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NOISE POLLUTION

  Jun 23, 2020

NOISE POLLUTION

What is the Definition?

Noise pollution is generally defined as regular exposure to elevated sound levels that may lead to adverse effects in humans or other living organisms. According to the World Health Organization, sound levels less than 70 dB are not damaging to living organisms, regardless of how long or consistent the exposure is.

What are the sources and effects?

Sources of Noise pollution

Effects of Noise pollution

1) Street traffic sounds from cars, buses, pedestrians, ambulances etc.

2) construction sounds like drilling or other heavy machinery in operation

3) Constant loud music in or near commercial venue

4) Industrial sounds like fans, generators, compressor, mills

5) Household sounds, from the television set to music playing on the stereo or computer, vacuum cleaners, fans and coolers, washing machines, dishwashers, lawnmowers, etc.

6) Events involving fireworks, firecrackers, loudspeakers, etc.

7) Conflicts generate noise pollution through explosions, gunfire, etc. The dysfunctions, in this case, are likely caused by the conflict and insecurity and less by the noise pollution in itself, although that compounds stress levels too.

Human - Hypertension, Hearing loss, Sleep disturbances, Child development, Dementia and Psychological dysfunctions.


Wildlife and Marine Life - Noise pollution thus interferes with cetaceans’ (whales and dolphins) feeding habits, reproductive patterns and migration routes, and can even cause hemorrhage and death.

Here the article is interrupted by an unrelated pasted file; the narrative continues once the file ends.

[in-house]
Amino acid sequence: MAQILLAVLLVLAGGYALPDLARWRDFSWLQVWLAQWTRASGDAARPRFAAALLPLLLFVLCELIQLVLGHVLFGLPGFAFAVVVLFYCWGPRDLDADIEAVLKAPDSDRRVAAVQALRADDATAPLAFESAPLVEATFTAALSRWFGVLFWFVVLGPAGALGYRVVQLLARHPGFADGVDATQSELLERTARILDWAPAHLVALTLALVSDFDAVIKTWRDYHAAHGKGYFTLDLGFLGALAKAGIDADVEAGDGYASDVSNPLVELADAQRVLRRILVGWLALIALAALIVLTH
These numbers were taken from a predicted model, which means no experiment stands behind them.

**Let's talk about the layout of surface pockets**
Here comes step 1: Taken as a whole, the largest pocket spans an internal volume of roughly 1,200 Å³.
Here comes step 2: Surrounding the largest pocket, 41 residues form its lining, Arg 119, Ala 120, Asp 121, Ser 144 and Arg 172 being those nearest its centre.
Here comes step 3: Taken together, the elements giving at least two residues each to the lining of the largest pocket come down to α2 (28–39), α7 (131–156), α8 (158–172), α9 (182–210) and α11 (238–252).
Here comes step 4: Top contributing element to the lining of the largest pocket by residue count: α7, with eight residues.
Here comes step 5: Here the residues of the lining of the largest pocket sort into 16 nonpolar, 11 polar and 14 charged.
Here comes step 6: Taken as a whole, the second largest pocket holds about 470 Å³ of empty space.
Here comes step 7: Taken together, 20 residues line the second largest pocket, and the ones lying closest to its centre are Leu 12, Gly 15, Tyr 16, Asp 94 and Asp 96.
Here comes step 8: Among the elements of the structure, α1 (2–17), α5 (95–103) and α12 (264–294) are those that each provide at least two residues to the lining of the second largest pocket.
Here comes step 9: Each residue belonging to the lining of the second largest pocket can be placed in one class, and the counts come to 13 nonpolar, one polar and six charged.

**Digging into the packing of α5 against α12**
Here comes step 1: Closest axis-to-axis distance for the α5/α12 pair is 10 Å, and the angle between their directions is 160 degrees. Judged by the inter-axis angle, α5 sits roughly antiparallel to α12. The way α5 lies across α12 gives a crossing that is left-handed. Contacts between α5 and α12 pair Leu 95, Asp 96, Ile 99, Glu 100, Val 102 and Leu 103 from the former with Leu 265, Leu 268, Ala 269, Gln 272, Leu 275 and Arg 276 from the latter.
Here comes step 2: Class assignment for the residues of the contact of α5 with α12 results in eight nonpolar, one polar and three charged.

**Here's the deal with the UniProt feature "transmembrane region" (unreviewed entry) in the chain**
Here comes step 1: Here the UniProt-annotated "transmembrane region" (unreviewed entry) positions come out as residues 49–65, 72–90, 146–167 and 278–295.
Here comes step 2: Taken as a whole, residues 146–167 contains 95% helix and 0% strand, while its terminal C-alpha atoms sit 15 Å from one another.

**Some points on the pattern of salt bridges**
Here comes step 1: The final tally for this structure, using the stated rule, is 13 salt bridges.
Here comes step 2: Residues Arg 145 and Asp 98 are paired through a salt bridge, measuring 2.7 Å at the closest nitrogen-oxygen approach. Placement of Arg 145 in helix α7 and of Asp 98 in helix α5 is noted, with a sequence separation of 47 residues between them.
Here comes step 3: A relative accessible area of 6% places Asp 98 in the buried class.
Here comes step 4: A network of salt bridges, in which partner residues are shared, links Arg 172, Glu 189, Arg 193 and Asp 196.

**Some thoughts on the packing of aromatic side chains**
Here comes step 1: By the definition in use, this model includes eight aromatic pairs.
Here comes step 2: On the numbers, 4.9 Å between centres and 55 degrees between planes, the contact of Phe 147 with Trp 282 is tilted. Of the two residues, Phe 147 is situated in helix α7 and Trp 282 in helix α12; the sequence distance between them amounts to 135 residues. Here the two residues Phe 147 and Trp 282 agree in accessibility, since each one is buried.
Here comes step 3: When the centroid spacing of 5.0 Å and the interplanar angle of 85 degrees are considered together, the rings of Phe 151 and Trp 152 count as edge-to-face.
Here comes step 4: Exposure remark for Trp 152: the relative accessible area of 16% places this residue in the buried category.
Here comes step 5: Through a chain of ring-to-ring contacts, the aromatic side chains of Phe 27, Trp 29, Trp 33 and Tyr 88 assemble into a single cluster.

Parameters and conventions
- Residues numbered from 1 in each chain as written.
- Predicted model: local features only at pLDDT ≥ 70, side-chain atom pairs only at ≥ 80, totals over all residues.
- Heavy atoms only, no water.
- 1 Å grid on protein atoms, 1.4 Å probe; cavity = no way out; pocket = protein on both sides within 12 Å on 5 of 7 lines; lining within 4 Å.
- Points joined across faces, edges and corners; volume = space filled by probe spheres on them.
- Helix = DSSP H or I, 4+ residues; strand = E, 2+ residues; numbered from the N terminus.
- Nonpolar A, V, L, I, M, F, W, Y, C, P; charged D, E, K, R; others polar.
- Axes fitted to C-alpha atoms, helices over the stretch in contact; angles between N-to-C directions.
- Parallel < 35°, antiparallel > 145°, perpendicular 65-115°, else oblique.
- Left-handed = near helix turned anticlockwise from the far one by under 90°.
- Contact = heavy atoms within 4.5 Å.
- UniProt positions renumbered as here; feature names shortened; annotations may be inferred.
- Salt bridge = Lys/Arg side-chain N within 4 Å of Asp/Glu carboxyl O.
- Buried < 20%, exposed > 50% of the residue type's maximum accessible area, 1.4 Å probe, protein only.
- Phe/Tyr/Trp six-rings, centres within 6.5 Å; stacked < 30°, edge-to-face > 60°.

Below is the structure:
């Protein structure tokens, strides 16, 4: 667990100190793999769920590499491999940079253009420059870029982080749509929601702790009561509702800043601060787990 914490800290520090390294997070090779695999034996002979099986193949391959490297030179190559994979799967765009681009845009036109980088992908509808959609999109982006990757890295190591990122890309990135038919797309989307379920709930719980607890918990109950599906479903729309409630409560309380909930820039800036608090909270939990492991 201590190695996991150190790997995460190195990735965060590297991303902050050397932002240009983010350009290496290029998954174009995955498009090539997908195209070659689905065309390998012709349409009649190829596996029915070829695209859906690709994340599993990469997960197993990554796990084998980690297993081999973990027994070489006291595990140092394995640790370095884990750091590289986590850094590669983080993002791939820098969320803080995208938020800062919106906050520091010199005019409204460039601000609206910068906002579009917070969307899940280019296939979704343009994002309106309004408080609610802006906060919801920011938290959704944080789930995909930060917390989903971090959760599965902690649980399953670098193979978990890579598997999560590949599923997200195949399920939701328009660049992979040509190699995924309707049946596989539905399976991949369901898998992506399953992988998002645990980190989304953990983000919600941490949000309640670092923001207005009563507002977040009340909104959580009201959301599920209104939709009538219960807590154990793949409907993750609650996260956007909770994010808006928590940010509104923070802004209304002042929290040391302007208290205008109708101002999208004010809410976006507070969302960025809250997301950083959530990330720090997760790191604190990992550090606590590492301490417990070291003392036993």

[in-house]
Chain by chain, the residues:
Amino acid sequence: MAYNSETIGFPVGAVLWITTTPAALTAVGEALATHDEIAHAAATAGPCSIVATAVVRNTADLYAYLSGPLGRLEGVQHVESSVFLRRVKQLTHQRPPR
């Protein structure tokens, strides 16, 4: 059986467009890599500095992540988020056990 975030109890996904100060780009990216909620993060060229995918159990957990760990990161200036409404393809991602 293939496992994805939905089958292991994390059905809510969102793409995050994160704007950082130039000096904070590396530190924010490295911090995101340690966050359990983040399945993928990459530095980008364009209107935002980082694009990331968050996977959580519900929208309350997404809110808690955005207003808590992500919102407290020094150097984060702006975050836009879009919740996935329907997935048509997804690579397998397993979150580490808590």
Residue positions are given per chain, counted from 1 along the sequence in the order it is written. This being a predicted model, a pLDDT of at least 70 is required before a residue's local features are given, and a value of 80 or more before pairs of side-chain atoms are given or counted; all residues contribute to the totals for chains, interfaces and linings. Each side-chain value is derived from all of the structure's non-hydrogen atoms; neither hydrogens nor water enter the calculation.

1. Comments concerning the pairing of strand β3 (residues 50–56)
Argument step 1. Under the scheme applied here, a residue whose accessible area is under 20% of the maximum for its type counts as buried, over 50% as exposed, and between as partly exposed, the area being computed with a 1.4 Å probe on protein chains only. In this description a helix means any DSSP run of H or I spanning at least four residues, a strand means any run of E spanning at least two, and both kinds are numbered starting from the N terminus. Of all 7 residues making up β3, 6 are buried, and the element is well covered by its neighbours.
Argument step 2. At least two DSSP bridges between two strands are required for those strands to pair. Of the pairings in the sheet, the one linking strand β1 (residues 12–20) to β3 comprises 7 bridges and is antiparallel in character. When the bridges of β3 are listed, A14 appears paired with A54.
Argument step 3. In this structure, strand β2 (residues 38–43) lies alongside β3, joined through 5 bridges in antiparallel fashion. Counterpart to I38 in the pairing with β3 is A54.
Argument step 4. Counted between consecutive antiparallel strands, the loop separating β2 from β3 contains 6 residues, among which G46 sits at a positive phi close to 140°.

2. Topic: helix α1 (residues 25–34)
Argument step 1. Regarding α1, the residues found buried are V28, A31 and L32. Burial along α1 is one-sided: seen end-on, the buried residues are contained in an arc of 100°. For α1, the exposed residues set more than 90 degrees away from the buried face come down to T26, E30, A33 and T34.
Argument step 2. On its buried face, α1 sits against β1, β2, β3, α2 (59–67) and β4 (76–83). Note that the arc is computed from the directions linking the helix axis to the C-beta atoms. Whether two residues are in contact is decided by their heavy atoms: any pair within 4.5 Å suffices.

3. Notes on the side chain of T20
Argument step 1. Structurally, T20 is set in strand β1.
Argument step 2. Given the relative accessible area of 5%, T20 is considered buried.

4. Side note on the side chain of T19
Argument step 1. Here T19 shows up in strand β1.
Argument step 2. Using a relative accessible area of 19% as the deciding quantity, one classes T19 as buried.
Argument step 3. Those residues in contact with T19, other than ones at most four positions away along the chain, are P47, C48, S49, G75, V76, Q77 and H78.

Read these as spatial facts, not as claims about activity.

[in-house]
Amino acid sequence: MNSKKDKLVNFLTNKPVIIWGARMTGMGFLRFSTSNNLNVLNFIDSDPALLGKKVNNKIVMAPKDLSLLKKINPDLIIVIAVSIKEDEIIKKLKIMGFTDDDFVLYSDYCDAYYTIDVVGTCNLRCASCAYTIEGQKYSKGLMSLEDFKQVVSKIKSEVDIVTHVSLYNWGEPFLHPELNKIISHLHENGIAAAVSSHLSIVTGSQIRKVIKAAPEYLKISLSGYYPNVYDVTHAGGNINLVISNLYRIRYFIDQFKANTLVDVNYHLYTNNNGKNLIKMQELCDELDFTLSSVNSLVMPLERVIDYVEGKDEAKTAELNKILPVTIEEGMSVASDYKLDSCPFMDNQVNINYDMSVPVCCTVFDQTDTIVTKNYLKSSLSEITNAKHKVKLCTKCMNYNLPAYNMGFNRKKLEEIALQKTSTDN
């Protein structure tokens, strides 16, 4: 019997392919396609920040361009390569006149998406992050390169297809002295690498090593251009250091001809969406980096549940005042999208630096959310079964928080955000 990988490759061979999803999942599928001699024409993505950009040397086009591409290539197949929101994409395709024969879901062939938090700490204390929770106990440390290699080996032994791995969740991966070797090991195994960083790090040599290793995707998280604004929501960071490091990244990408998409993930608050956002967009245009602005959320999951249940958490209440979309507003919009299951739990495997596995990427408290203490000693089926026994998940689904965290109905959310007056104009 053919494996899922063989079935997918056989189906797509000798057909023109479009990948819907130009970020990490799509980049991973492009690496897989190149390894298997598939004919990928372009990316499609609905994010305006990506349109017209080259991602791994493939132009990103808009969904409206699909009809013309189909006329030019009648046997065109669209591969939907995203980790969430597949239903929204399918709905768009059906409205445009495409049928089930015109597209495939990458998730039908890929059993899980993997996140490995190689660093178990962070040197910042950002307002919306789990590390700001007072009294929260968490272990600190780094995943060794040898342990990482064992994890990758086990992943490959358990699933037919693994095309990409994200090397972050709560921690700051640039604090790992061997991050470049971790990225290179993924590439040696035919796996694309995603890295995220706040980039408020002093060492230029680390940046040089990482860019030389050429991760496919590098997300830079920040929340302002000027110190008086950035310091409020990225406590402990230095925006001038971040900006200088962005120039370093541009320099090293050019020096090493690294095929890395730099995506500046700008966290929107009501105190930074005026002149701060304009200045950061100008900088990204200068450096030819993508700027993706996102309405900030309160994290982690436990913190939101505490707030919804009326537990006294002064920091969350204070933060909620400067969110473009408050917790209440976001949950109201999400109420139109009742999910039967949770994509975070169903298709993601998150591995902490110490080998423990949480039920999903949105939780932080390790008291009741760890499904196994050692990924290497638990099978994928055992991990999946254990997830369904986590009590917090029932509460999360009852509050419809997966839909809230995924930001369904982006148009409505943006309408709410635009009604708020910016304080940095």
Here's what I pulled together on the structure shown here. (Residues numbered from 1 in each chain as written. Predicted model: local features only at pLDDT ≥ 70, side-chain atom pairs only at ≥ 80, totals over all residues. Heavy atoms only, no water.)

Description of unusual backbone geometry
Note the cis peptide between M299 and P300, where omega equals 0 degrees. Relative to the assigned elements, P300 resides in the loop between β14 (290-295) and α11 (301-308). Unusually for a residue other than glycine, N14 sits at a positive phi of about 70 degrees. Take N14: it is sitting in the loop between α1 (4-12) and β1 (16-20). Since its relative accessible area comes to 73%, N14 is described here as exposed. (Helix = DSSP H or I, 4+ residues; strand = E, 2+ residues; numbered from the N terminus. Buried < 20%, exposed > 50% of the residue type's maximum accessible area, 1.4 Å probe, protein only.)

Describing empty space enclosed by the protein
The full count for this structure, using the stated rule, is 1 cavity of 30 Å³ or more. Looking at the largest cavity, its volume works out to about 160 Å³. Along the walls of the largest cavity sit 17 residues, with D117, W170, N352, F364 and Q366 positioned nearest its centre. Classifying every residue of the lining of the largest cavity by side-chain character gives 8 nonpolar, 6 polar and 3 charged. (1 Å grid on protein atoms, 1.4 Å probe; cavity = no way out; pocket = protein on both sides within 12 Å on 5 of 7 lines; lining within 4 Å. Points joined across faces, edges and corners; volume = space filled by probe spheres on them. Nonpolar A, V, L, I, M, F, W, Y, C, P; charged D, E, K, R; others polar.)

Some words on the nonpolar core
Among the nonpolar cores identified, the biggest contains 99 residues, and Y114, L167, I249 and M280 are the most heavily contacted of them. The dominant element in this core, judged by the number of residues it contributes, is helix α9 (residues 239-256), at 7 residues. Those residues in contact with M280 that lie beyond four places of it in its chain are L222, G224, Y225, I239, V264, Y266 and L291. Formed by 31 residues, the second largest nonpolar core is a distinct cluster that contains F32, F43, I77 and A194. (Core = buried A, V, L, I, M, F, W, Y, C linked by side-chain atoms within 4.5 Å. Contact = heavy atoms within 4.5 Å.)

Social and Economic - Since noise pollution leads to sleep disturbance, it affects the individual’s work performance during the day, it leads to hypertension and cardiovascular disease and costs the health system additional time and money, and it negatively affects school performance in children.

Case Study: Noise pollution and Mumbai Traffic

On a busy street, during office hours, the honking can go up to what has scientifically been proven to be a health hazard. To tackle the problem, in at least three busy intersections in Mumbai, they went about installing “punishing signals”. Essentially, they attached a decibel meter to the traffic signal to measure sound when the traffic light is red. As soon as the level reached 85 decibels (the level above which sound is considered to become dangerous), the signal resets the red light, making the wait even longer.